Jan Mankes, Self-Portrait, 1911
Jan Mankes (1889-1920) was born in Meppel, Netherlands. At the age of fifteen he moved to Delft, where he worked as an apprentice painter in a glass factory from 1905 to 1908. He also attended evening courses at the Academy of Fine Arts in The Hague. Mankes was so excited about the work of his fellow townsman, the etcher Derkzen van Angeren, that he himself chose to become a free artist. From 1909 he lived with his parents in a Heerenveen. Surrounded by chickens, geese and goats, he painted his silent masterpieces.
In 1915, he married Annie Zernike, the first female minister in the Netherlands. The following year, the pair settled in Eerbeek, Gelderland, hoping that this relocation would provide a healthier environment for Mankes, now suffering from tuberculosis. In the brief periods when Mankes was fine, he was constantly at work. In 1920, it became clear that Mankes would not recover. He died that same year.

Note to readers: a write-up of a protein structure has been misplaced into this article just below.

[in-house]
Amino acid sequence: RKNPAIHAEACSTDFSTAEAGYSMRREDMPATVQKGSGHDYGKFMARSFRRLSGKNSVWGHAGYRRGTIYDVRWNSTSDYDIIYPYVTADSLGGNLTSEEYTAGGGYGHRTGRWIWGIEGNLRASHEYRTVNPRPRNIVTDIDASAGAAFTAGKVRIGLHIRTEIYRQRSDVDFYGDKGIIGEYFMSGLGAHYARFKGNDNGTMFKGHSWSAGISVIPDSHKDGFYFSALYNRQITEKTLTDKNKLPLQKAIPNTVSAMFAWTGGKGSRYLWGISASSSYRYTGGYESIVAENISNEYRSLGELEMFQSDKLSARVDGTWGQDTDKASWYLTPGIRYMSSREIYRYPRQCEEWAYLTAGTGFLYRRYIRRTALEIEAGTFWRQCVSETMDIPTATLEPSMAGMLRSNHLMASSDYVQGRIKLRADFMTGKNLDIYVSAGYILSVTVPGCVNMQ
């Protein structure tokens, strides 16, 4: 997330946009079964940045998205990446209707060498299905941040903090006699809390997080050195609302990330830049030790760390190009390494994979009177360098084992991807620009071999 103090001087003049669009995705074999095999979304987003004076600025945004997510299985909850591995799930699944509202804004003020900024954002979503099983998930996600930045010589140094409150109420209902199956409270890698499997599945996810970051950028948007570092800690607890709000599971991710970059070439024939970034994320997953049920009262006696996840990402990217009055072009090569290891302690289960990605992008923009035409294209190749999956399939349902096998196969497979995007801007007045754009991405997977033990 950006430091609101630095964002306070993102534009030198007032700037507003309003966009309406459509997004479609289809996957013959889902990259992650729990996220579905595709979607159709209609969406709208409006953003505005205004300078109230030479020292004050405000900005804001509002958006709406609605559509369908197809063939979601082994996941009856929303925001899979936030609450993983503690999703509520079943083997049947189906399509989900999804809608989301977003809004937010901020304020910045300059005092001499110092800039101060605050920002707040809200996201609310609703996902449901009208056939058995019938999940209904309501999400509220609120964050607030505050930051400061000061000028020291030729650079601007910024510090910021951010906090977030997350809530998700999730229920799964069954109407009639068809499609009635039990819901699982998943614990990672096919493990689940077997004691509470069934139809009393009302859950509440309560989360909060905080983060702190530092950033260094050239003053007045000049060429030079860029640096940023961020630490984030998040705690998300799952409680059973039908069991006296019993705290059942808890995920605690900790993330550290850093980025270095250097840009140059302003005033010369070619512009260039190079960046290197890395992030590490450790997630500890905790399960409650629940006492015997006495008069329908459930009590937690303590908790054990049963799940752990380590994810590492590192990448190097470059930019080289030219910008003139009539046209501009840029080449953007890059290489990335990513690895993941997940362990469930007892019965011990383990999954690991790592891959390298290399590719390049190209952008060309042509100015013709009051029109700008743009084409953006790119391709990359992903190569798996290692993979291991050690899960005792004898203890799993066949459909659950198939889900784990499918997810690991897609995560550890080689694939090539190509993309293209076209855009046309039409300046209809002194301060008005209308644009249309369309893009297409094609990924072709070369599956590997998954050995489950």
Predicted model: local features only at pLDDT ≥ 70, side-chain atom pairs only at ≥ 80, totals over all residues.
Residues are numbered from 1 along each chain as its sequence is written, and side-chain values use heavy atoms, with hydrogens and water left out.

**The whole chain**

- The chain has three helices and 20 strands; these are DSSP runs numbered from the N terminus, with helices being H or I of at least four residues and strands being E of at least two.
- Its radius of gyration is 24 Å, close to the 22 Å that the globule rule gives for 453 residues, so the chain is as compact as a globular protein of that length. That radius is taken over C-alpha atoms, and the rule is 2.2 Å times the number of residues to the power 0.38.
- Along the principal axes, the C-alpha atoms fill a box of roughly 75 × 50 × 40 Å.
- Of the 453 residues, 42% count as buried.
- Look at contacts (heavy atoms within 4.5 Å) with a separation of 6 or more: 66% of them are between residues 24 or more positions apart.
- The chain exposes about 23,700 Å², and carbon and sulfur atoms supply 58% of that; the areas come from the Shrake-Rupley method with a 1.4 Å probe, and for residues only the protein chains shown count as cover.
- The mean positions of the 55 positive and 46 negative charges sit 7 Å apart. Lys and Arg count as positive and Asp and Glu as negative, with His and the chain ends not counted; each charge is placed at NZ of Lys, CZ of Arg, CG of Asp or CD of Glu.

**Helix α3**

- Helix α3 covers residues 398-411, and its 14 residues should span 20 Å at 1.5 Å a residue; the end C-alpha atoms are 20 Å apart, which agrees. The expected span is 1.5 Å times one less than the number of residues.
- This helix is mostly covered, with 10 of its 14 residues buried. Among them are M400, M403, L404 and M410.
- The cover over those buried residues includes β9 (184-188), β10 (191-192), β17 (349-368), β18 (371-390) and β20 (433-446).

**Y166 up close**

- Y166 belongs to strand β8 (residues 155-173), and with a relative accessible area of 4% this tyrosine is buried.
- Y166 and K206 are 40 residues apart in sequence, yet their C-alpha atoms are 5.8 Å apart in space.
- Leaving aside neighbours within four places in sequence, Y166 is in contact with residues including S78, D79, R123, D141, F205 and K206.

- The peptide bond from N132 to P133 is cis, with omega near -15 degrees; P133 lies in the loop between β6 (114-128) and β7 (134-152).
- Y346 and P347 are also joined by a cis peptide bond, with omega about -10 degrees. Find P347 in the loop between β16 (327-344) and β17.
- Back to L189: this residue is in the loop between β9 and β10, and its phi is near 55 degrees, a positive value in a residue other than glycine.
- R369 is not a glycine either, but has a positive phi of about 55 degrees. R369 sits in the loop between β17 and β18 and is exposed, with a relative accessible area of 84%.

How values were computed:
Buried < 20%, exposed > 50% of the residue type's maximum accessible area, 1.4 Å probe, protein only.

Jan Mankes has been characterized as the most tranquil Dutch painter. His work with its clean, understated colors and balanced compositions shows his great love for nature. It includes approximately two hundred paintings, fifty prints, and more than hundred sketches and drawings. His work is exhibited in his native Netherlands in the Scheringa Museum of Realism, the Museum of Modern Art Arnhem and the Museum Belvédère Heerenveen. There is also an excellent webpage showing many of his works.
Jan Mankes, Haan, 1913